A Rose for Emily by William Faulkner

A Rose for Emily is a short story by William Faulkner, published in 1930.

The story opens with: WHEN MISS EMILY GRIERSON DIED. This story is a tragic tale of this lady who died at the age of 74; the narrative technique follows a non-linear approach to reveal her life through the last four decades in a fictional town.

The narrator describes Emily as, ‘…a small, fat woman in black, with a thin gold chain descending to her waist and vanishing into her belt….her skeleton was small and spare; perhaps that was why what would have been merely plumpness in another was obesity in her’.

Emily is a lonely woman as her father had driven away all her suitors and died when she was 30; leaving nothing for her but the house. This house like her is representative of a dying world of Southern aristocracy. The outside of her large, square frame house is lavishly decorated; the cupolas, spires, and scrolled balconies are the hallmarks of a decadent style of architecture that became popular in the 1870s. But now garages and cotton gins have encroached. The house is in some ways an extension of Emily: it bares its “stubborn and coquettish decay” to the town’s residents.

After the death of her father, Emily refuses to let the body be taken away for the next three days as she believes that he is still there. The people of the town find this behavior acceptable as part of the grieving process.

We did not say she was crazy then.”

This line comes almost at the halfway mark. And, as such, it confirms a notion on the readers to either accept the justification or question Emily’s behavior.

None of her extended family comes to visit her or take care of her. She is alone in her house, ailing and aging with seldom public appearances. In the midst, she started giving classes on china painting to young children but it closed down in the gradual process. A lot of writing is about how the people and the town were in earlier times and modern times – ‘the next generation, with its more modern ideas.’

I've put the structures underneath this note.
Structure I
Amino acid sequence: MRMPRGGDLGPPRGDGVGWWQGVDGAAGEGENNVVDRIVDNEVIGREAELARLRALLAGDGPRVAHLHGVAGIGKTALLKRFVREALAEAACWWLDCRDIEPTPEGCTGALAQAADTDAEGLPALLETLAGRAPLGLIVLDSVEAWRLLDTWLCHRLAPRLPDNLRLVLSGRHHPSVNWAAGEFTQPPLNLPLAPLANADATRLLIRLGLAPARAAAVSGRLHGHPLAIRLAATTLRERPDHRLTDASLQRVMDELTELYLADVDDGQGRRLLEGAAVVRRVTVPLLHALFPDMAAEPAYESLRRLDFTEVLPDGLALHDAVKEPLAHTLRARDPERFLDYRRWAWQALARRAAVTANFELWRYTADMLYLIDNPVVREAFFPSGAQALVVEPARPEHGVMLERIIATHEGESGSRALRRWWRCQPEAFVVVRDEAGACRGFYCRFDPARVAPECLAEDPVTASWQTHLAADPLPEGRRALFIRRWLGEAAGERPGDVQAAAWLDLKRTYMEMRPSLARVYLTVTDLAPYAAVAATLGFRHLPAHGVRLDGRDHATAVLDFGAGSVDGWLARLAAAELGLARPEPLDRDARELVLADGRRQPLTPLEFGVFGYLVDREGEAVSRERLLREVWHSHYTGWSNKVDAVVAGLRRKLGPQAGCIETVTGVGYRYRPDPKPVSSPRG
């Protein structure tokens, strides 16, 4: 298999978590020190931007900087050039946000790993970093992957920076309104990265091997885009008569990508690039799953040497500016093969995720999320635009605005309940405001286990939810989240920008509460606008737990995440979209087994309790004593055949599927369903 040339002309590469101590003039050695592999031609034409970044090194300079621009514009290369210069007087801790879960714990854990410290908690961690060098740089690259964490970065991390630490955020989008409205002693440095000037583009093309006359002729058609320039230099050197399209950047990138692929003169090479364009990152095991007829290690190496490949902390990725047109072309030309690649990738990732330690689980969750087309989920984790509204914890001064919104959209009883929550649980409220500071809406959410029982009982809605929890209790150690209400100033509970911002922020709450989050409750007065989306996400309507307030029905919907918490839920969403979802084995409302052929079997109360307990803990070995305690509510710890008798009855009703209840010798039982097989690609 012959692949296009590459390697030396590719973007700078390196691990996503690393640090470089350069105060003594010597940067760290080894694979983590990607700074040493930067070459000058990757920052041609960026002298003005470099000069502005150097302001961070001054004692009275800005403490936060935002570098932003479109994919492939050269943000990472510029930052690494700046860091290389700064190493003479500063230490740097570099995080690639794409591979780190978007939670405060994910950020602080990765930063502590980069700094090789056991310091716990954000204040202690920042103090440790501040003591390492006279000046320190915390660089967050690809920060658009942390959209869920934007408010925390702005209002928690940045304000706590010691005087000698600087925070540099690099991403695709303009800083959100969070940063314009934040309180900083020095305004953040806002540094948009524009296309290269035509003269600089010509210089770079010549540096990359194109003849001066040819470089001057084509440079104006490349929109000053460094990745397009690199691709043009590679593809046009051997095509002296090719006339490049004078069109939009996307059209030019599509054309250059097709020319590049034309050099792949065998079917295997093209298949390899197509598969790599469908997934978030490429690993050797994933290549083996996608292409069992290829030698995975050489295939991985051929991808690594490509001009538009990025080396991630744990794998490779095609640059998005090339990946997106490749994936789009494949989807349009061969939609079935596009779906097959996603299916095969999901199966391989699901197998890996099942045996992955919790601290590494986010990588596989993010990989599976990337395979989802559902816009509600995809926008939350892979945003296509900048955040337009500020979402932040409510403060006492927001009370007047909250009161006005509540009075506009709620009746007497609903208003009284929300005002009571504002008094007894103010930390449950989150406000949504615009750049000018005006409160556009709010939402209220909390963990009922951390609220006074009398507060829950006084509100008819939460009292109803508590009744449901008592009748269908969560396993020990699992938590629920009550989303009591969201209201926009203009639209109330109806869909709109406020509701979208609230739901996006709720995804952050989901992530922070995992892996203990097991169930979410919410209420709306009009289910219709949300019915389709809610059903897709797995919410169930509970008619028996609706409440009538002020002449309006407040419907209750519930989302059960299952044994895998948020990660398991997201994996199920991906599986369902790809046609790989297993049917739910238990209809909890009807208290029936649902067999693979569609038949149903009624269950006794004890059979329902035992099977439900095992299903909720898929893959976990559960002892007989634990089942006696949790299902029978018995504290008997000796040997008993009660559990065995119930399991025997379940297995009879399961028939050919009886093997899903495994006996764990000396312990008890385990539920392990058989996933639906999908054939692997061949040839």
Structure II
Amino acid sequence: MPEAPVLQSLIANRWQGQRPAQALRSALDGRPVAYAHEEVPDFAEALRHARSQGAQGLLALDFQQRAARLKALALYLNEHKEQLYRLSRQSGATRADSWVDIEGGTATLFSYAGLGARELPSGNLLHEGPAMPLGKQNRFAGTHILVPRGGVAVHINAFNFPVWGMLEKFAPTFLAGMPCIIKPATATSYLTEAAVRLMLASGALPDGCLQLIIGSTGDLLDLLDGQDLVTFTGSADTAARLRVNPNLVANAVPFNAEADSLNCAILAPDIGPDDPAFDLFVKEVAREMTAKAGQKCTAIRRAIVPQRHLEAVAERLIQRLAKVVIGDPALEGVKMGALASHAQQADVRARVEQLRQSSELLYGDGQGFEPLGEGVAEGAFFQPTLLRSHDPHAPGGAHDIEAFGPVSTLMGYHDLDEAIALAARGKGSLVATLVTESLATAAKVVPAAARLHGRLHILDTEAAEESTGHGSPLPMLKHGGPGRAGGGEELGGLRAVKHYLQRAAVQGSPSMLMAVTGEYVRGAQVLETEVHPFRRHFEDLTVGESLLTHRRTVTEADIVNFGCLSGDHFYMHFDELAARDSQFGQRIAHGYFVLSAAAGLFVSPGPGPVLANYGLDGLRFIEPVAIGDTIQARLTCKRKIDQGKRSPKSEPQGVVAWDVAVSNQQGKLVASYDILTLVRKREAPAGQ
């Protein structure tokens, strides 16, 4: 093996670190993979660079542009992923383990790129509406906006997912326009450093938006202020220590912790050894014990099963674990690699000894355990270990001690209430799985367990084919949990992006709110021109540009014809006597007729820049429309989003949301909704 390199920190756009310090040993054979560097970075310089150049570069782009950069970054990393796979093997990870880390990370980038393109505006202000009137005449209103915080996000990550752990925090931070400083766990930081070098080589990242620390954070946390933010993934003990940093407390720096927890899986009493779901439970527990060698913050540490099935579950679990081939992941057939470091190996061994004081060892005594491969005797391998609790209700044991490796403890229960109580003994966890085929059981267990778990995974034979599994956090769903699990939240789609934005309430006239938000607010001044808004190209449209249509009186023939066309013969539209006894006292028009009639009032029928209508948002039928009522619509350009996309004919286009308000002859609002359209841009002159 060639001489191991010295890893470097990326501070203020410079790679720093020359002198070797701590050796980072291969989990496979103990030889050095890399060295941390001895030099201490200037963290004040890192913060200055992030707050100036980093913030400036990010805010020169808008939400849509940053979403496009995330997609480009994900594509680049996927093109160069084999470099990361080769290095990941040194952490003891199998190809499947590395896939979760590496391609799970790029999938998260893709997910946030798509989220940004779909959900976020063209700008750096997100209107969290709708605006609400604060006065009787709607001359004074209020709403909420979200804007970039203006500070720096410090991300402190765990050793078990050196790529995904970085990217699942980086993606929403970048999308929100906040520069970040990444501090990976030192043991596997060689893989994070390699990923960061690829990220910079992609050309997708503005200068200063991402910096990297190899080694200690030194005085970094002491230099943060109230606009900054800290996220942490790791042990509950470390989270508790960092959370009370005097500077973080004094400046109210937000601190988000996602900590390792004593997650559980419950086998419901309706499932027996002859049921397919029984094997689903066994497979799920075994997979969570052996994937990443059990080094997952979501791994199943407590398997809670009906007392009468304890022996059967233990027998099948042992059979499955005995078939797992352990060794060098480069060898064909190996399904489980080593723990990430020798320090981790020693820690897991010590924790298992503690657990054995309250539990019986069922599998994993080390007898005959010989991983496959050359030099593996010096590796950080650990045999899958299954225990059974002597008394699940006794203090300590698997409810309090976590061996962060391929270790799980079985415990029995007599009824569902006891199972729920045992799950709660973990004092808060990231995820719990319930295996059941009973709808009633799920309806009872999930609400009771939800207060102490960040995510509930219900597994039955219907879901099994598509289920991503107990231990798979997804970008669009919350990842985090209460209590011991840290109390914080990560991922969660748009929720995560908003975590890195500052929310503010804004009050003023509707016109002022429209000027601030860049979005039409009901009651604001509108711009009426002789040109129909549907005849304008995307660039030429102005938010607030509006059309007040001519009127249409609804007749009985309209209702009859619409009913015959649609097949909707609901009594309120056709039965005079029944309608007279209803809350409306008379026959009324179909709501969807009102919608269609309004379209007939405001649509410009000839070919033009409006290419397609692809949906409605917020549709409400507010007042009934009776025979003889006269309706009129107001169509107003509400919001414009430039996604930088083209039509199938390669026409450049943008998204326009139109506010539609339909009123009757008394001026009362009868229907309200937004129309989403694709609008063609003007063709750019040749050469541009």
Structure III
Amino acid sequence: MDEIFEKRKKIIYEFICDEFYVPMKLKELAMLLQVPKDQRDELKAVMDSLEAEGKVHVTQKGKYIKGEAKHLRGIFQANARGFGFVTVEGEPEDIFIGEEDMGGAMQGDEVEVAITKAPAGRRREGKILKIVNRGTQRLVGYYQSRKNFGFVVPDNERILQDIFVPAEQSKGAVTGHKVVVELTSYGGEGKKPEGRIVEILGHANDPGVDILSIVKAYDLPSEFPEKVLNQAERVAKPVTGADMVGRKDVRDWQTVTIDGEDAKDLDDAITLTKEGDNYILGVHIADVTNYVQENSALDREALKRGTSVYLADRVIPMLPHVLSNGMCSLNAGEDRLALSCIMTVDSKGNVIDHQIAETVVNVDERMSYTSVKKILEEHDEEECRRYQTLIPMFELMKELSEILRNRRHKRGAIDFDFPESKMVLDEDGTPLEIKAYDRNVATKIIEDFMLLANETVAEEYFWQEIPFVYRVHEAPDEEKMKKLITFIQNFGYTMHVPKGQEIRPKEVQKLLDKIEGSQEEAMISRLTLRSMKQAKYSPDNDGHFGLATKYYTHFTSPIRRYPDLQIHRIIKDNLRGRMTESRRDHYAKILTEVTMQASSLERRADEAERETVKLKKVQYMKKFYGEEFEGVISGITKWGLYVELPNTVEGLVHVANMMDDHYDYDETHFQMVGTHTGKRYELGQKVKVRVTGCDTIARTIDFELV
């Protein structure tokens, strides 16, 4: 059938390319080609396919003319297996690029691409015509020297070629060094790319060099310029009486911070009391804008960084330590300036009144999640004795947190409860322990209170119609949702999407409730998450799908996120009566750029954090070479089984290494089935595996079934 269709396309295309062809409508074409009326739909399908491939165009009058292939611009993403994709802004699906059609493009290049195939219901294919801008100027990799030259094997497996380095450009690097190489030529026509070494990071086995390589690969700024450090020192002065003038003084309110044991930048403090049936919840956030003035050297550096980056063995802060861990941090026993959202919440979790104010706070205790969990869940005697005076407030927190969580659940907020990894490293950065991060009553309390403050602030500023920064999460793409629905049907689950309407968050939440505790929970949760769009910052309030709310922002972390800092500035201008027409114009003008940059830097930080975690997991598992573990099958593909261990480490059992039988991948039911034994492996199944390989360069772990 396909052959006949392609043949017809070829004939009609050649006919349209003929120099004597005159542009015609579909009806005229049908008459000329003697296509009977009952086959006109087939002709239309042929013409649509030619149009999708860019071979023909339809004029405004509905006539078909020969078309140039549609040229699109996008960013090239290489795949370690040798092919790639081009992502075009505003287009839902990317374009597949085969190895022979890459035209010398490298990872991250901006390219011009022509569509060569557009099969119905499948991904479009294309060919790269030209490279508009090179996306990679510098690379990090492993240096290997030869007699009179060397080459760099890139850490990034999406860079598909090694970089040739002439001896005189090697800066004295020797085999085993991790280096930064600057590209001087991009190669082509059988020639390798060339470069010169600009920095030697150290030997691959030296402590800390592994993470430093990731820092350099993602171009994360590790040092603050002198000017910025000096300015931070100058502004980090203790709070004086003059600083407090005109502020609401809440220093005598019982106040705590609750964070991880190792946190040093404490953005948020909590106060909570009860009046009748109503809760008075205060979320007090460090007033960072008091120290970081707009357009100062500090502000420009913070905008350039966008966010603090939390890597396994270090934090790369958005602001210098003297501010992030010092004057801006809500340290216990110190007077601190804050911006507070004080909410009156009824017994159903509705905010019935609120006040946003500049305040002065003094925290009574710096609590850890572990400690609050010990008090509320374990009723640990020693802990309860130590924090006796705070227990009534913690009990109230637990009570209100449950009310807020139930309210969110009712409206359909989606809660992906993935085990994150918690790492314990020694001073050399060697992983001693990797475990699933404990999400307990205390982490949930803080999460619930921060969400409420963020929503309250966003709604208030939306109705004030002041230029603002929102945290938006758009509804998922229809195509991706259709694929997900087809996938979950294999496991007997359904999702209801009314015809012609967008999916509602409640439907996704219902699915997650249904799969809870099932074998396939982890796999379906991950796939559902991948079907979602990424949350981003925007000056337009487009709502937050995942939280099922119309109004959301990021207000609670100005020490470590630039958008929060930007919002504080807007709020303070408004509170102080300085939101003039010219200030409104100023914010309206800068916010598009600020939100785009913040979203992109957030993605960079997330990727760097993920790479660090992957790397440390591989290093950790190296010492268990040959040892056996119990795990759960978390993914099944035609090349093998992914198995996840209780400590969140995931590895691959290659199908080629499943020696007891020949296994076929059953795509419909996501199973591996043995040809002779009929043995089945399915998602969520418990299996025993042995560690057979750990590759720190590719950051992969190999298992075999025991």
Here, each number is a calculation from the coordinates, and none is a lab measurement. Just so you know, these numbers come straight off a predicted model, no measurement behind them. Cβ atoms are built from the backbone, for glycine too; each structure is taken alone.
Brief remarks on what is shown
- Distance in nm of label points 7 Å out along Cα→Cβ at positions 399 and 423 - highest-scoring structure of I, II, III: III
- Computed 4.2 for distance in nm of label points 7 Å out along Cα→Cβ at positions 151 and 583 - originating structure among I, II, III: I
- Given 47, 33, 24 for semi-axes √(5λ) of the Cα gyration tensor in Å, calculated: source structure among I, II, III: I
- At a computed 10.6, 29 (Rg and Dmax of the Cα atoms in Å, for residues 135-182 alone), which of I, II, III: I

The modern times further alienated individual well-being and restricted the state’s responsibility to stringent tax collections. The earlier times, the people were actually concerned when a foul smell started emanating from Emily’s house. Town people and administration had taken the decision to sprinkle lime in the building secretively. So actually nobody knows about Emily or has been to her house, except an old servant – Tobe.

In the next two years of her withering, we are introduced to Homer Barron who is a foreman from a construction company contracted with some work in the town. He is a ‘Yankee-a big, dark, ready man with a big voice and eyes lighter than his face.’ The man is quite popular with the people of the town. Yet, the rumours spread on how Emily could deem a day labourer socially fit to be her companion and then about a possible marriage. To save the town from disgrace, Minister’s wife calls Emily’s two cousins from Alabama to perhaps finalise on the marriage.

Next, we read about Emily buying jewelry, a man’s toilet in silver with H B etched on it, men’s clothing, etc. Homer leaves for a few days and comes back when the two cousins have left. A neighbor had seen Homer enter the kitchen door one evening and he was not there. The people of the town had expected him to leave, for such was the fate of “Poor Emily”.  

Emily had purchased poison from the druggist around the time that the town people suspected of foul smell from the house. She had refused to reveal the purpose of the poison and the druggist handed over rat poison thinking she wishes to commit suicide. But she had appeared happy the next day, accompanied by Homer Barron. It is after Emily’s death that decades later the door of the sealed room is finally opened. There lay the remains of Homer Barron on the bed, alongside another pillow with ‘indentation of a head’.

‘A Rose for Emily’ is an allegorical title. It is this last rose on her cemetery that finally reveals the truth of Homer and her own life. It is also about how town people engage in talking but does nothing substantial for people in need of emotional support. Emily’s house is symbolic of alienation, mental illness, and death. It is a shrine to the living past, and the sealed upstairs bedroom is her macabre trophy room where she preserves the man she would not allow to leave her. 

The ‘iron-grey hair’ plays a metaphor – “Up to the day of her death at seventy-four it was still vigorous iron-gray, like the hair of an active man.”

In the end, it is the same iron-gray hair strand found on the pillow next to where Homer Barron’s body laid, conclusions left for the readers to think of.

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